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HOW CRISCO Started

By December 21, 2012February 20th, 2017Uncategorized

 

How CRISCO Started

A century ago, lard was in every American pantry and fryer. These days, lard is an insult.

HOW CRISCO Started

The word lard has become this derogatory term associated with fat and cholesterol.

The story of how Crisco started begins pre-Civil War America when a German chemist E. C. Kayser developed the science of hydrogenation by adding hydrogen atoms to the fatty acid chain (with the aide of Nickel Oxide)…in other words, he took cottonseed oil (which is already a rancid oil and full of free-radicals) and added a metal to it.

This process transformed the liquid cottonseed oil into a solid that resembled lard (strong dyes are added to it to get rid of the ugly grey color…which is now removed by bleach!). This substance was purchased my Proctor and Gamble for the use of making soap and candles….it was NEVER meant to be consumed!

BUT times are tough and Proctor and Gamble wanted to make this product more “marketable” so since it looked like lard, why not sell it as a “healthy” alternative and the price of lard was getting expensive.

Crisco was introduced as a food substance in 1911. A time when wives stayed home and cooked with plenty of butter and lard. Crisco had to convince housewives about the merits of this so-called “food.” P&G’s first ad campaign introduced the shortening as “a healthier alternative to cooking with animal fats. . . and more economical than butter.” With one sentence, P&G had taken on its two closest competitors—lard and butter. Crisco was marketed as cleaner, healthier, easier to digest, more affordable, and more “modern” than lard. Magazines portrayed housewives who used Crisco were better wives and mothers, their houses are free of strong cooking odors and their children were better behaved.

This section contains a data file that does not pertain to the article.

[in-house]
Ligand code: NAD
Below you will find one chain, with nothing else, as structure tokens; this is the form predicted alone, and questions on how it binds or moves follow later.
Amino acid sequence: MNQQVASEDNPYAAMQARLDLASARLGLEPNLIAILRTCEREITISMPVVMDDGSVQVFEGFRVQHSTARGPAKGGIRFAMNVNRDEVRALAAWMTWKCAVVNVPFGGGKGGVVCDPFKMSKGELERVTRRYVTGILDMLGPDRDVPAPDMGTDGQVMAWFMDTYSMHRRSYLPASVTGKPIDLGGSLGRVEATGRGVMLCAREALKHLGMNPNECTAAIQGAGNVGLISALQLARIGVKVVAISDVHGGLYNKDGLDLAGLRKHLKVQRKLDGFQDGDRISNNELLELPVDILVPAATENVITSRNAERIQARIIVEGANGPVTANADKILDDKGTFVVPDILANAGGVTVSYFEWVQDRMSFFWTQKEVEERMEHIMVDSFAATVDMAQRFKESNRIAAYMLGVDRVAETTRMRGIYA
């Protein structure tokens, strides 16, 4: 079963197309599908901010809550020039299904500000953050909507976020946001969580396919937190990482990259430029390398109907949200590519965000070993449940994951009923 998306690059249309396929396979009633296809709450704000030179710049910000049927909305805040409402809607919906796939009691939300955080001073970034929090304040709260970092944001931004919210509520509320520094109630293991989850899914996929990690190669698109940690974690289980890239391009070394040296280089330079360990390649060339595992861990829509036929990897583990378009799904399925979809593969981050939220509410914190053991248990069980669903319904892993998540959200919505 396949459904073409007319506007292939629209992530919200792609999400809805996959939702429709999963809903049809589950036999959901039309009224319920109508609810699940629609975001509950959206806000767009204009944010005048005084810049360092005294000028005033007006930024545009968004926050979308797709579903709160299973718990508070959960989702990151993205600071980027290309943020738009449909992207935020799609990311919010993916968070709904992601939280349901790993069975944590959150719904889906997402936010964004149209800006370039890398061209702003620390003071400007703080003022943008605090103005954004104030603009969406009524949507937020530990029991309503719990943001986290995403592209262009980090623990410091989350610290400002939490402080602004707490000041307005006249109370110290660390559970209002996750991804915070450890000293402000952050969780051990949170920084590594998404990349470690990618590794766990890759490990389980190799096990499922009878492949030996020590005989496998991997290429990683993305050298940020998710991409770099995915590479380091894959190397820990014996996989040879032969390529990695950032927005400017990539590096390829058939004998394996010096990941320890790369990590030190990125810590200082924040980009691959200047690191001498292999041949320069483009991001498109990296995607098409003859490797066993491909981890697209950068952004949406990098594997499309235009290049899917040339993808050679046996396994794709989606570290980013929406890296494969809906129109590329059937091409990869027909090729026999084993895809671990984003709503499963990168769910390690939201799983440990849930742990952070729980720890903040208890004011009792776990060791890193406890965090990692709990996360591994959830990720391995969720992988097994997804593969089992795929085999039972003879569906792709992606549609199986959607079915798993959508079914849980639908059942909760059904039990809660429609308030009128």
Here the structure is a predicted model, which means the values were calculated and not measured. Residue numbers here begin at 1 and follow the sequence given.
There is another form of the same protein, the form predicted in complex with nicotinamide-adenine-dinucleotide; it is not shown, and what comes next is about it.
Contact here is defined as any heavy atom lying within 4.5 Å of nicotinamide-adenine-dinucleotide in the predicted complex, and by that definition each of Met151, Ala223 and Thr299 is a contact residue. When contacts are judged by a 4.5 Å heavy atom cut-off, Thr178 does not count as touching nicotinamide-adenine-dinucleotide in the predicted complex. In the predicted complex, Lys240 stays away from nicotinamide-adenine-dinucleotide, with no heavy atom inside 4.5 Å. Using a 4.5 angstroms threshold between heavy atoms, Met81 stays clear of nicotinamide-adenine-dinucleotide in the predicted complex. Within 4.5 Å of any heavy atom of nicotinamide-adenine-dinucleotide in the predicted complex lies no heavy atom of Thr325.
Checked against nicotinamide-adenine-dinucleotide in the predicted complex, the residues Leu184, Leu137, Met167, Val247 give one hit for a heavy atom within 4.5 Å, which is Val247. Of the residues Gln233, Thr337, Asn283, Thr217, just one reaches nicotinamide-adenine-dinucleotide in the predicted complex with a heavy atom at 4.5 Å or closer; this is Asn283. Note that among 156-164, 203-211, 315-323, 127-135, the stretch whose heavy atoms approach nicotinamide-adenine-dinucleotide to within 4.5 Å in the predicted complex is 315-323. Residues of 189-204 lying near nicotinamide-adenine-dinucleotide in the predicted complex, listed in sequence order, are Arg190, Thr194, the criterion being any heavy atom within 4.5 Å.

To make their product more marketable, they published and gave away a cookbook. It had everything from breads and soups to desserts and every recipe included Crisco. Not only that, but they started to target the Jewish housewife because it was technically a “kosher” food, yet cooked like butter and could be used with meats. This grabbed the attention of Jews and they quickly jumped onto the advertising.

HOW CRISCO Started

To give some compassion, no one knew the dangerous consequences of Crisco, partially hydrogenated oils…a.k.a…the trans fatty acids, were bad for us. P&G didn’t know this either, not at first. But when problems like increased cancer, heart disease, infertility, growth and learning problems, started to appear, P&G worked behind the scenes to cover them up. Dr. Fred Mattson worked for P&G and can be blamed for our false belief that animal fats caused heart disease. His influence was so strong that he persuaded the American Heart Association to preach the false gospel of the Lipid Hypothesis. Here is a short video to help explain things further: BIG FAT LIES!

I don’t know about you, but I think butter tastes way better anyway!

HOW CRISCO Started

TESTIMONY OF THE DAY

“Maria, I have to say this has been amazing, I have taken Zantac in the morning and night for 18 years and was thinking about switching to the purple pill as the Zantac was not work any longer. My wife and I read your book and took your assessment test and I started around mid January, I am on my third week with NO antacids and NO heart burn at all! I also had 4-5 nights a week that could not sleep more than 4 hours, I’d wake up at 1am and not be able to go back to sleep. I am now sleeping 7-8 hours 6 or more nights a week! Thank you for your book. Feeling better at 59.” – Garth

What are your goals for today? Diet does NOT mean deprivation! 

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Maria Emmerich

Maria is a wellness expert who has helped clients follow a Ketogenic lifestyle to heal and lose weight for over 20 years. She has helped thousands of clients get healthy, get off medications and heal their bodies; losing weight is just a bonus. She is the international best selling author of several books including "Keto: The Complete Guide to Success on the Ketogenic Diet.".

4 Comments

  • Patti says:

    Makes me so sad to read this. I grew up with lard and butter but somehow my mom started using crisco and margarine mainly I think because we stopped having cattle. It wasnt tv because we lived to far to get a signal. She and all of my loved ones would be so proud of me now trying to embrace the old ways.

  • Janet t says:

    maria, I love this post.. thanks for the education…I appreciate you

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